I am doing research on Joseph Charless. In 1808 he used a Ramage hand-printing press to print the first newspaper in
St. Louis. Would anyone happen to know what this press looked like? Also, if you have an image of it, can I use for a children’s book? It would be greatly appreciated.

Thanks for any help you can offer.

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Hi - at the upper right of this screen, click on the “Museum” section of this website (which will get you into press pictures), then click “Wooden hand” under “Browse by category” at the left, and you will see two pictures of different Ramage presses there. Regards, Geoff

Thanks Geoff,

When I googled Ramage press, I stumbled onto this website discussion. According to Elizabeth, the Ramage Screw press in the museum section was originally a copy press and would not have been used for a newspaper. The Ramage Foolscap was a small press, that might be the right one but wasn’t sure of the date when it was in use or if there was another model which Charless could have used. That’s where I’m at now.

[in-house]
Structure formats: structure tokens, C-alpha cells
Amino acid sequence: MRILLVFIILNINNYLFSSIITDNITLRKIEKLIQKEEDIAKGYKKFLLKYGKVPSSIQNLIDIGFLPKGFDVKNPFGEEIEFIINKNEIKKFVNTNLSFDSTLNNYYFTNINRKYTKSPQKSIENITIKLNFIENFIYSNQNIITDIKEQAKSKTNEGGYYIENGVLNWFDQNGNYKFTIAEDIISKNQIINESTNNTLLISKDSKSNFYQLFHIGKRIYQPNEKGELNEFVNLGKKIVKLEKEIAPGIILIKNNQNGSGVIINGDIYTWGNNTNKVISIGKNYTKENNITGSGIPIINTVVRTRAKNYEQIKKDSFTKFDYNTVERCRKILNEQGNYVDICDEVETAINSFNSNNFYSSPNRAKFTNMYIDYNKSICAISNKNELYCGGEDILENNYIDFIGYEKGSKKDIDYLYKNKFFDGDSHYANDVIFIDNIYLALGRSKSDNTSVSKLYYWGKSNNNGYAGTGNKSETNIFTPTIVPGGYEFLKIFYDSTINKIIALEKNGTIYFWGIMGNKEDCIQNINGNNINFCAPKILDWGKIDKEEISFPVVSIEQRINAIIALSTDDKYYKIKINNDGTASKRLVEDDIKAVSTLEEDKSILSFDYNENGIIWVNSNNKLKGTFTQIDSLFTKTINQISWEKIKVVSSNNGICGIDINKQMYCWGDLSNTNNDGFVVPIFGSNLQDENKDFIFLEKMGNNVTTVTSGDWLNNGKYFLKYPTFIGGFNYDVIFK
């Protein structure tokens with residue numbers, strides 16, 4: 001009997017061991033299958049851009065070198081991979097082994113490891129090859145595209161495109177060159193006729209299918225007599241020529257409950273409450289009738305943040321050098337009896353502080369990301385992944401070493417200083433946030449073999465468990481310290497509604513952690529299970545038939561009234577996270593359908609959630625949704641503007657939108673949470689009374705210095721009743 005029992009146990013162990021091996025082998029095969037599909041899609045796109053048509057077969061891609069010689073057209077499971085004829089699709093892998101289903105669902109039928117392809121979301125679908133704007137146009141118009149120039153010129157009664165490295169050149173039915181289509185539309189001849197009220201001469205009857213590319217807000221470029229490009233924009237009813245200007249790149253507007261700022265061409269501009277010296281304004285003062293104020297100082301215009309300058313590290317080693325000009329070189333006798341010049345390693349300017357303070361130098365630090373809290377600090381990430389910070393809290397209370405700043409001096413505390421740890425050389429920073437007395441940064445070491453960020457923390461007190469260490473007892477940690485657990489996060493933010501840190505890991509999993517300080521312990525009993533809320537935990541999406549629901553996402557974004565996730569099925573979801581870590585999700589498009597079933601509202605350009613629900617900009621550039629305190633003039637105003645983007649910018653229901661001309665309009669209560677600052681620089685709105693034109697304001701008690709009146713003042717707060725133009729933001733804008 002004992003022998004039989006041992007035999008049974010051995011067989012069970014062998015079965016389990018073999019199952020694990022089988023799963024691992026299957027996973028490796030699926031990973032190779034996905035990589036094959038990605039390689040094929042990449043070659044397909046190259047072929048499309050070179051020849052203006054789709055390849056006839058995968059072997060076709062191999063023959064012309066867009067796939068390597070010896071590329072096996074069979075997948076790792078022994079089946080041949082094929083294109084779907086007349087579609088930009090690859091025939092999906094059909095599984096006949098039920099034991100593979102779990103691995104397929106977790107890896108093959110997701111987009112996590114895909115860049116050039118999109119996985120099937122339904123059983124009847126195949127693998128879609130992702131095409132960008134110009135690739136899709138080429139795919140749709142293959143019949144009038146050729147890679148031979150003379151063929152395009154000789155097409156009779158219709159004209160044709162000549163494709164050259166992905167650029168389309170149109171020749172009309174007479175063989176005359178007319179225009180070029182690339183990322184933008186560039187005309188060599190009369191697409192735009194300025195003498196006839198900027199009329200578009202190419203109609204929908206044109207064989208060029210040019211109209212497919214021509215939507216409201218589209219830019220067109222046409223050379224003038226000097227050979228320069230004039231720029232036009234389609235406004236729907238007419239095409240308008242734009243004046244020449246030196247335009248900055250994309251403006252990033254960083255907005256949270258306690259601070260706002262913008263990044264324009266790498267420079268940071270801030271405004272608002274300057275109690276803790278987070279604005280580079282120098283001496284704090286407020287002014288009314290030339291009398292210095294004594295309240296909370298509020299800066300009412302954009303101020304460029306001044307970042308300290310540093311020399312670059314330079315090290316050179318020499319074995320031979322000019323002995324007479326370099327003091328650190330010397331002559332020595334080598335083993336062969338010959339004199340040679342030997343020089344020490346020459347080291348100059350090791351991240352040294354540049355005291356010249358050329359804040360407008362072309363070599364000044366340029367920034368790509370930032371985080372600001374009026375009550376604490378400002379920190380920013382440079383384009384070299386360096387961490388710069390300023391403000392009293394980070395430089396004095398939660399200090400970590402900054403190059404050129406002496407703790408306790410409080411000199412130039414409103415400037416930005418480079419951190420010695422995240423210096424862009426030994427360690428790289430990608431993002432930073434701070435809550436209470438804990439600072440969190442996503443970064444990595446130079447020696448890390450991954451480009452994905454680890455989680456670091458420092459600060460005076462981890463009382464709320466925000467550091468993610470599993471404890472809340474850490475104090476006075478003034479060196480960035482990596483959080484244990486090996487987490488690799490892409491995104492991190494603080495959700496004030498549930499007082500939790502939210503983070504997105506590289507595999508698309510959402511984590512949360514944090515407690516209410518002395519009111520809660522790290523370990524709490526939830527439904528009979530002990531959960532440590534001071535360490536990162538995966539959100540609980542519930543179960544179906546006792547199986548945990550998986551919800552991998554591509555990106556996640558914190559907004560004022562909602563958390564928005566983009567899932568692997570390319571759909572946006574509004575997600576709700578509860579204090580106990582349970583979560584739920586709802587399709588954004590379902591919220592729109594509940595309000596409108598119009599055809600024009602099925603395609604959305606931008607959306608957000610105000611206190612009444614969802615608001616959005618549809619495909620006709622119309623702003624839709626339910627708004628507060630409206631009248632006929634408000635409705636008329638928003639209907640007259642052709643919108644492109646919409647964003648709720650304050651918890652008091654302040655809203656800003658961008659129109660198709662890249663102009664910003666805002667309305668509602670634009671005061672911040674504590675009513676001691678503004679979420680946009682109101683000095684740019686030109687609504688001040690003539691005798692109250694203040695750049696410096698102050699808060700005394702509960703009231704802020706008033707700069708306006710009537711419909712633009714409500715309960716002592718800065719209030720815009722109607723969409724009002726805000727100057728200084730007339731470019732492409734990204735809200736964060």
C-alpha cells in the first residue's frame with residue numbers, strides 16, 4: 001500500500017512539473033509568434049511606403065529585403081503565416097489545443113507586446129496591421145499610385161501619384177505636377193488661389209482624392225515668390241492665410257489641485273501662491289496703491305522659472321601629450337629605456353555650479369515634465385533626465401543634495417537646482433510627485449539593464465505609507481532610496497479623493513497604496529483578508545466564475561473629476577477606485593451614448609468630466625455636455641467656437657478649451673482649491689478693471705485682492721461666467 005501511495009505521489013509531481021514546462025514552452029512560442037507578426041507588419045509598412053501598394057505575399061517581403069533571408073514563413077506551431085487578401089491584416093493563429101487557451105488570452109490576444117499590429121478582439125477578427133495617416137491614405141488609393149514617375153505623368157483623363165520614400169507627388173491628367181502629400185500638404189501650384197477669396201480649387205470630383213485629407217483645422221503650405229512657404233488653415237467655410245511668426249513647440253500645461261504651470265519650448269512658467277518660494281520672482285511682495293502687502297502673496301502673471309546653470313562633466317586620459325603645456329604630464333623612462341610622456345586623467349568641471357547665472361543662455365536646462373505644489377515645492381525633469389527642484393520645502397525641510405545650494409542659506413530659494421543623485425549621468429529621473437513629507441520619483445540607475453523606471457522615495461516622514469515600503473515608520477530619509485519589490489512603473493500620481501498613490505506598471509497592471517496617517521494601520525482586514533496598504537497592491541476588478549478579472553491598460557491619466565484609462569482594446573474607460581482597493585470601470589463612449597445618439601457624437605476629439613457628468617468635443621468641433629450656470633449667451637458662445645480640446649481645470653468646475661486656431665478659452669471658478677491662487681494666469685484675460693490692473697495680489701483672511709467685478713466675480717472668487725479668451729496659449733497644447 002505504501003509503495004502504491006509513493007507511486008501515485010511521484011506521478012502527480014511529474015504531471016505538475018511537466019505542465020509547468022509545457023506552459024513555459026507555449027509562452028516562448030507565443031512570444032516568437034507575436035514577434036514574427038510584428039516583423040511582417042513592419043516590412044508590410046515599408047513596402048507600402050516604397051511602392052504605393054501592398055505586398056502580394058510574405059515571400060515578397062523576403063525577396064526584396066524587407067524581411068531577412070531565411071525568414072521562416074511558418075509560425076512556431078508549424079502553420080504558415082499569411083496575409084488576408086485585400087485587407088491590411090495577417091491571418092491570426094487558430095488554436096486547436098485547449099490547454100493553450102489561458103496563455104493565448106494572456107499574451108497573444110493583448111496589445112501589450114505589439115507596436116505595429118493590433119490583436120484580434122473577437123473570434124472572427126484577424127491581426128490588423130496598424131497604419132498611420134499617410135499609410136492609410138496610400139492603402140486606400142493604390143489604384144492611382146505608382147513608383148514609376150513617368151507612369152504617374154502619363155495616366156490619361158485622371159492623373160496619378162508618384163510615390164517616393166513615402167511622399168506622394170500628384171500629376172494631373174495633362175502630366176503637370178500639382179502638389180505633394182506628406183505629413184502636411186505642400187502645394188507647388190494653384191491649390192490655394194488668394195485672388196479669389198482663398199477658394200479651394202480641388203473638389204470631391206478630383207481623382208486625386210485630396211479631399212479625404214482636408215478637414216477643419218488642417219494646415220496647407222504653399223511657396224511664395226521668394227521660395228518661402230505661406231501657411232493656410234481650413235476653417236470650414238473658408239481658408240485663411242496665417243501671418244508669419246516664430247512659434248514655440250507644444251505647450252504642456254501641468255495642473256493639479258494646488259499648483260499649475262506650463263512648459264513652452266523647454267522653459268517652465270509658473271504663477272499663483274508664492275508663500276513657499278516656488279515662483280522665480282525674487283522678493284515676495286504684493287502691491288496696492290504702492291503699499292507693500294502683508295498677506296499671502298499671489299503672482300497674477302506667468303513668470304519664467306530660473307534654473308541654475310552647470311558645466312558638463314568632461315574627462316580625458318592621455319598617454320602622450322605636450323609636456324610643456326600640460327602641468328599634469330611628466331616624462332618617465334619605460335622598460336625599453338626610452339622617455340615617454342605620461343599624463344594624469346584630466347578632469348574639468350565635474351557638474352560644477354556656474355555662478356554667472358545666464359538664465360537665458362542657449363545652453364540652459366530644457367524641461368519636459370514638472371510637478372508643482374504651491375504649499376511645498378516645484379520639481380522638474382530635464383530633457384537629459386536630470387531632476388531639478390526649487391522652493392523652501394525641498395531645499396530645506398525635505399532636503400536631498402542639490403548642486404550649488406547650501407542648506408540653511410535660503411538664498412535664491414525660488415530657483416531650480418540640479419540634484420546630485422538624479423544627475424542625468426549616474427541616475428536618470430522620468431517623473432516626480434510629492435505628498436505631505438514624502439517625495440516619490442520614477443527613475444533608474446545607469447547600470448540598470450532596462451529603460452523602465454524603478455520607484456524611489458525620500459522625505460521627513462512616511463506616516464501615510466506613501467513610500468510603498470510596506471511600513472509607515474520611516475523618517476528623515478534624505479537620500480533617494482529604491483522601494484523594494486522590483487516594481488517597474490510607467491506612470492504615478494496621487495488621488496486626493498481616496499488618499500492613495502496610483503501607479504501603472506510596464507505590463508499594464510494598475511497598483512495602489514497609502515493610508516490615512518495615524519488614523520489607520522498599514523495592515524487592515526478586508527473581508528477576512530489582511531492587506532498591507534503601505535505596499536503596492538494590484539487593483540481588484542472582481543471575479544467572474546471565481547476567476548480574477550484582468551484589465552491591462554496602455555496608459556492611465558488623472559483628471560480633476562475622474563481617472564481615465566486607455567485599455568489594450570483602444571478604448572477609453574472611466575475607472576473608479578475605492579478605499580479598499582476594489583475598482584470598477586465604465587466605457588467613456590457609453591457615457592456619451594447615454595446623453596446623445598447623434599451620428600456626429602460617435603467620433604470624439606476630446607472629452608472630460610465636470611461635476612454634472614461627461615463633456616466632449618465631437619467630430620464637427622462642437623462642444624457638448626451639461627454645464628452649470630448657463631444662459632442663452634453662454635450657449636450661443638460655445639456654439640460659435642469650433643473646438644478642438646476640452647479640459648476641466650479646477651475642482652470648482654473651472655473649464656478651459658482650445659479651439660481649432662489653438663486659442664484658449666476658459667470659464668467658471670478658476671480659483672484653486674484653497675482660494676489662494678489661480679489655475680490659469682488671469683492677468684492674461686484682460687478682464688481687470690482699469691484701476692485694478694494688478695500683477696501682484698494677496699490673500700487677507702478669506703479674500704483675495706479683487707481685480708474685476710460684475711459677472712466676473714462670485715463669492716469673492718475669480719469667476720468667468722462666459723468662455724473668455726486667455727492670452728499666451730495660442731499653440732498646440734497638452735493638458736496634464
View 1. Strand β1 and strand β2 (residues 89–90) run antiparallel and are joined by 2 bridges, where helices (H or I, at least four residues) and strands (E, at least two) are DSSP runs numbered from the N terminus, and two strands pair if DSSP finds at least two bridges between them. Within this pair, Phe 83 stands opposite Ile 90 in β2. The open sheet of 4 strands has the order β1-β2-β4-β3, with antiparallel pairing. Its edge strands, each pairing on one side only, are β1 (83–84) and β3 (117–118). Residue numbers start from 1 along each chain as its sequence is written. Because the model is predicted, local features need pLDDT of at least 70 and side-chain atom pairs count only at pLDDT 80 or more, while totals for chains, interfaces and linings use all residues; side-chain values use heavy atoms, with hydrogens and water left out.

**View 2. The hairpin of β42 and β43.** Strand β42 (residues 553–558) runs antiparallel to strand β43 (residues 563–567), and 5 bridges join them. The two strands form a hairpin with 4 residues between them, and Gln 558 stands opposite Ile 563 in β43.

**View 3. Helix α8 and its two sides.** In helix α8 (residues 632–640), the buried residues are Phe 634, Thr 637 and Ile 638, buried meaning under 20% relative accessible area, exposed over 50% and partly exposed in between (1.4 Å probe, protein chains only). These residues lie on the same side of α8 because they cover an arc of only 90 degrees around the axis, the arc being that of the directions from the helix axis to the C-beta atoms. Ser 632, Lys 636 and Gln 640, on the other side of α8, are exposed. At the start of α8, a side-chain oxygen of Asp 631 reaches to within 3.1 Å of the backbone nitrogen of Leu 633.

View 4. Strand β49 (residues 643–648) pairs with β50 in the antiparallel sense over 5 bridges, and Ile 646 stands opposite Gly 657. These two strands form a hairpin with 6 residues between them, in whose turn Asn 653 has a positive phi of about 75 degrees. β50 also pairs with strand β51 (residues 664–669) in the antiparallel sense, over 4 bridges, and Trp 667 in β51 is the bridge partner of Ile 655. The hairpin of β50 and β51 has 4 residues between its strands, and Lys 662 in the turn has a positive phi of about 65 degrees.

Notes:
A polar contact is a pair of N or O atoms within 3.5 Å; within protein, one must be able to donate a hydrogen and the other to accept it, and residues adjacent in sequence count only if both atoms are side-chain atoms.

Hi, Looking—

If I remember correctly, Ramage built hybrid presses of wood and metal. Did he work to order?—that is, is each Ramage a custom press, and not mass-produced?

Maybe the Smithsonian?

Good luck, Brian

Thanks. Think you may be onto something Brian. I did email the Smithsonian, but the woman who is going to respond is out until Thursday. Will let you know what she has to say.

I appreciate yours and Geoff’s input.

Ramage presses were common in the U.S. at that time. The first presses in Tennessee, Arkansas and Missouri were Ramages. Working with the Historic Arkansas Museum, we located several original Ramage presses, most notably the ones in Vincennes, Indiana and another at Greenfield Village, Michigan. From these presses, working drawings were made and two reproduction presses were built. Here’s a photo of one of these reproduction presses.



The press that Charless would have used in 1808 was a common press (whether it had improvements by Ramage or not). There seems to be strong disagreement that Charless even had a Ramage. The iron platen and/or iron bed were not used by Ramage until after 1820. The fact that the first paper (actually the third, as no copies of the first two issues exist) had a page size of 8 1/4 x 12 1/2 inches is less an indication of press size, but rather a limitation of paper size, lack of real news, or lack of available type or some other extenuating circumstance. The press John Horn shows would have been closer to the press Charless used. The press shown on the cover of Kaser’s book on Charless would therefore have not yet been invented when he was doing his first printing in St. Louis.